Apple Might Not Be Able To Block Sales Of Steve Jobs’ Doll After All
You may have caught our report the other day on how Chinese company In Icons was gearing up for the release of its 12-inch tall Steve Jobs action figure some time next February.
With Apple and Jobs notoriously swift in preventing any form of unauthorized infringement, we suggested InIcons may have a few legal issues once the fruit company caught wind of the dolls, which are anticipated to retail for a cool hundred bucks apiece. After all, the Apple did block sales of a similar doll back in 2010.
As per British newspaper The Telegraph, In Icons have rather predictably received a letter from Apple’s ever-present legal team, in which the iDevice maker threatens swift action should the figurine ever see the light of day. In spite of trying to appeal to Apple’s sentimental side by dubbing the doll a dedication "to the Genius, Great Inventor and Visionary”, In Icons haven’t manage to avoid the wrath of the company he co-founded. Theletter apparently warns In Icons: "any toy that resembles the technology company’s logo, person’s name, appearance or likeness of its products is a criminal offence," but we don’t as yet know what In Icons plans to do in response to the threat.
Interestingly, PaidContent has thrown up a rather different take on Apple’s "criminal offence" claims. Apparently, such threats are largely unfounded, and whilst image rights to one’s likeness can be owned, they don’t tend to apply to those who’ve passed away.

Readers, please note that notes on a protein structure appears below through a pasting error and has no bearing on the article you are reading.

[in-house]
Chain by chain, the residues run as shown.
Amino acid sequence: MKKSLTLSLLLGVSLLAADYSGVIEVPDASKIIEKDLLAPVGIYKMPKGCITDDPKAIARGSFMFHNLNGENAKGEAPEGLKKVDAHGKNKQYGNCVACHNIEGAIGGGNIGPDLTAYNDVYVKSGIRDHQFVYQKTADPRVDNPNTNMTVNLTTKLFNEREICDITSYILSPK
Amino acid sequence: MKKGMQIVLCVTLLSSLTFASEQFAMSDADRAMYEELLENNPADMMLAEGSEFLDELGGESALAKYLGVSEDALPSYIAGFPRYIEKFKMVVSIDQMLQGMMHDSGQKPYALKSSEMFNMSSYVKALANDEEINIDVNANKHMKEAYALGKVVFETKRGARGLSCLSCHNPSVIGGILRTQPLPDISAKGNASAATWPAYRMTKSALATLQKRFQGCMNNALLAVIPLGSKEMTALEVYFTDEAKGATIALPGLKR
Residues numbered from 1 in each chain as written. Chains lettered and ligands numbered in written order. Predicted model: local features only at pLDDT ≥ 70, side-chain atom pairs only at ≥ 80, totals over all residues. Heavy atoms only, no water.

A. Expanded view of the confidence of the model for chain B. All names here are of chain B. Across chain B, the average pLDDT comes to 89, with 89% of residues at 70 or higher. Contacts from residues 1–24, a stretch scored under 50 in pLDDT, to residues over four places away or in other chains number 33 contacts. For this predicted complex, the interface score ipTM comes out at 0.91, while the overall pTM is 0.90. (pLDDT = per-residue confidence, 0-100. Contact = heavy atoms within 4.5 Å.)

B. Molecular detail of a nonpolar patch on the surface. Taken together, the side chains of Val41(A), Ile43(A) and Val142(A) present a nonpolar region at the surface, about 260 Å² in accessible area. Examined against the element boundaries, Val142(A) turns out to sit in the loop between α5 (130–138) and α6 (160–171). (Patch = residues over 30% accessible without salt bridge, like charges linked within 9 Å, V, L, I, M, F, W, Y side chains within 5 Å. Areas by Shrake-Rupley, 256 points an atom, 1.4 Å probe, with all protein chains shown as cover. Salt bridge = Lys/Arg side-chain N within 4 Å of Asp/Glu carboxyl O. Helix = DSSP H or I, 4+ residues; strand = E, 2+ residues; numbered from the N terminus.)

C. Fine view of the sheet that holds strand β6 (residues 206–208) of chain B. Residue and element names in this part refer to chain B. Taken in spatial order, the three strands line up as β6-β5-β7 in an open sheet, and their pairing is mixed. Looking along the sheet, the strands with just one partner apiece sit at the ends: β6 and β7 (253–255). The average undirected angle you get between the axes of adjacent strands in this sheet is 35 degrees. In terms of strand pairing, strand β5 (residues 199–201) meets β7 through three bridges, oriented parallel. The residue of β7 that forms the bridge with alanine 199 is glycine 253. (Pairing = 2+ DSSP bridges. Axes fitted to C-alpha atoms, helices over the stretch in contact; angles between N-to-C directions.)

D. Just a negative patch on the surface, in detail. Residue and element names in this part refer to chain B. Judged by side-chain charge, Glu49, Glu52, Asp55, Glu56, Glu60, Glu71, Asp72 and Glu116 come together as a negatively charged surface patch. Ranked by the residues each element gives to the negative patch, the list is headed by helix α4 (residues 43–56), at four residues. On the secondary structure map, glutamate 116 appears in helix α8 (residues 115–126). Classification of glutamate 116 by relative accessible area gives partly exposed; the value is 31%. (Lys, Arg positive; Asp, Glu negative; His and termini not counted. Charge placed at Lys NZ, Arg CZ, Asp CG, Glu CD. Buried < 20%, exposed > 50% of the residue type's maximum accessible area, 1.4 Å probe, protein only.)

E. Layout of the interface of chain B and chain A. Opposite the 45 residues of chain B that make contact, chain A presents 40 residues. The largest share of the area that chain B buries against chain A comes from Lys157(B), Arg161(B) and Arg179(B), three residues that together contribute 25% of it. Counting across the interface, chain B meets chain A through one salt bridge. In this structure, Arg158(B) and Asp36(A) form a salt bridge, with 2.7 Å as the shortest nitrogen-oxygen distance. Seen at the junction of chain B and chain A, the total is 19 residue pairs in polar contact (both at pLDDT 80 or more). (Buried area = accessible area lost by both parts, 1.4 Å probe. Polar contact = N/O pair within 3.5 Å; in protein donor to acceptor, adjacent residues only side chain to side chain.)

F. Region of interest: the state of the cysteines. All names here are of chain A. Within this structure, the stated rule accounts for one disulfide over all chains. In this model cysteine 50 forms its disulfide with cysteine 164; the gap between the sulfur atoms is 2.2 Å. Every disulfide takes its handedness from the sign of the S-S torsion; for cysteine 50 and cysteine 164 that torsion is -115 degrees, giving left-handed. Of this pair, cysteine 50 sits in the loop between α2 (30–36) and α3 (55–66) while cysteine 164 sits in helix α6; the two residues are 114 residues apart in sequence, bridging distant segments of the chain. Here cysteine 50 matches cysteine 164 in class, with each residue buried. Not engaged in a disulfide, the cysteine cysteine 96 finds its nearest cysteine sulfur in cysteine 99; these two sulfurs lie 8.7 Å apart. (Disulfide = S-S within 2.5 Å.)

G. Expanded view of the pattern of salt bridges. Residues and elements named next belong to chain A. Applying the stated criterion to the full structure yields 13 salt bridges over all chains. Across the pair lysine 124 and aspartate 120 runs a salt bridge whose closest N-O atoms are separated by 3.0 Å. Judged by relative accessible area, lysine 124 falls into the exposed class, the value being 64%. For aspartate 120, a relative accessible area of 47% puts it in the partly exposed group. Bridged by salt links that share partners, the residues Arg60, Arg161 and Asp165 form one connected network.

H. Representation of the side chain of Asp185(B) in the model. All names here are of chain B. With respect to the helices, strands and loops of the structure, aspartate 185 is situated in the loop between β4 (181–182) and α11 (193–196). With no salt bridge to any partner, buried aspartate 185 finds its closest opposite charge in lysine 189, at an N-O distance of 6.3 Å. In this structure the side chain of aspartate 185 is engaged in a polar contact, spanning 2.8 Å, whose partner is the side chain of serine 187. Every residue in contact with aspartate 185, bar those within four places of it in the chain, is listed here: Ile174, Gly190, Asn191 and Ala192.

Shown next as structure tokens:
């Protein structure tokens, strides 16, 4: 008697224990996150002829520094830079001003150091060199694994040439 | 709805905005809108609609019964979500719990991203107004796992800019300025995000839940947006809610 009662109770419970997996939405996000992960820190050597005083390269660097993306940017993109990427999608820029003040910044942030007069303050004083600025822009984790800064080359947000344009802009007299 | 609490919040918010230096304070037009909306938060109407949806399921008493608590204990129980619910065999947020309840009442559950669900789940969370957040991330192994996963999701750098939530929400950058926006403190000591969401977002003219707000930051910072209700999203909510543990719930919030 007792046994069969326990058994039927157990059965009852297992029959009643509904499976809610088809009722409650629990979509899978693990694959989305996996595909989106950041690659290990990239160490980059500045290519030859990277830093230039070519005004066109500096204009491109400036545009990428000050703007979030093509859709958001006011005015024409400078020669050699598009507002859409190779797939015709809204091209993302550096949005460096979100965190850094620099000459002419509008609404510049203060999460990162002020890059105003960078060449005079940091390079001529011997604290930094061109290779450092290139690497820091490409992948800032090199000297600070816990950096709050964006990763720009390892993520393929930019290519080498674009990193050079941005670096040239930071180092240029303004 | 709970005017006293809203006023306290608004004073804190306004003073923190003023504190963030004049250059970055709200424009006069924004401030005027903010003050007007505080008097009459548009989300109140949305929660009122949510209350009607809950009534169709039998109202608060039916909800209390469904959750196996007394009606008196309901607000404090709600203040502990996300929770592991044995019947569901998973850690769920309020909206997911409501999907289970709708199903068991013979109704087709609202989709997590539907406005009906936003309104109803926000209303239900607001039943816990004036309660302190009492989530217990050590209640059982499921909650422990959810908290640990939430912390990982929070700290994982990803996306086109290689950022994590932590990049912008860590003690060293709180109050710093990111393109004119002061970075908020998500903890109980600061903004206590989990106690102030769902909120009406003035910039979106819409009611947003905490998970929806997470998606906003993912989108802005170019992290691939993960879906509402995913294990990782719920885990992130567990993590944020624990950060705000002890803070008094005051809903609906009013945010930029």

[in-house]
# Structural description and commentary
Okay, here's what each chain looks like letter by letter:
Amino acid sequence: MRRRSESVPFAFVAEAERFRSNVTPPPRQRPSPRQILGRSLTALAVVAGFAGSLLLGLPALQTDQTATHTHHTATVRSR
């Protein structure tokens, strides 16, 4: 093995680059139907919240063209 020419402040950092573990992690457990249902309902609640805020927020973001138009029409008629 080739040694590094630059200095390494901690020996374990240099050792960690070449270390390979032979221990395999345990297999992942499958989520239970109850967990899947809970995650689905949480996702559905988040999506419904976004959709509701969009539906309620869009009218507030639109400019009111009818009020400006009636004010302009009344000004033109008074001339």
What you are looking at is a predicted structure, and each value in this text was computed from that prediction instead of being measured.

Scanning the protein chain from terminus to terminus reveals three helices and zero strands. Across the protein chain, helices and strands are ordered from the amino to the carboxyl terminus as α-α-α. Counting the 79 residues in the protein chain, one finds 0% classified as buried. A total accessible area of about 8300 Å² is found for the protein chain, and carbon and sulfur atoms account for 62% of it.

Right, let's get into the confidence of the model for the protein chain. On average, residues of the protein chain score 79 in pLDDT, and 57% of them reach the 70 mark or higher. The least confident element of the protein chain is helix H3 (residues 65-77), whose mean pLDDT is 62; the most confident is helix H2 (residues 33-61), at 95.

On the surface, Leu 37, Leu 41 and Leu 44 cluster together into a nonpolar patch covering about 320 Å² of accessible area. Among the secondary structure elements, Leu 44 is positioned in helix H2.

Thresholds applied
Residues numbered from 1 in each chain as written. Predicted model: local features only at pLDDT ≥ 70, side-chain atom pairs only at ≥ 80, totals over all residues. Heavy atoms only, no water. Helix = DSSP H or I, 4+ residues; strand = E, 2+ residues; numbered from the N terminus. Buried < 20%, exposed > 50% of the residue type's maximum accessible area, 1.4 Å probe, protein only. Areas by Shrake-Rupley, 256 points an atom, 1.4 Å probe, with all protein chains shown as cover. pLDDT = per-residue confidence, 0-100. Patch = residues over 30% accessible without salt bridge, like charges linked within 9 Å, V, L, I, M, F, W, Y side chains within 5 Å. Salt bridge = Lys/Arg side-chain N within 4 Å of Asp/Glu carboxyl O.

You would have thought – with a legal team camped in the courts most days squabbling with Samsung and Google over intellectual property – Apple would be aware of how the law works. Apparently not, since the there is actually no federal law on so-called “personality rights” and only a handful of states in fact do protect image rights for the deceased.
Indiana for example, maintains image rights to dead folk for 100 years, but most other states don’t make such provisions, and previous efforts to instill some kind of law have tended to slam into a brick wall.
Ultimately, Apple may be powerless to stop In Icons from selling the doll in most places – nor from using the name ‘Steve Jobs’ since – get this – it’s not been patented.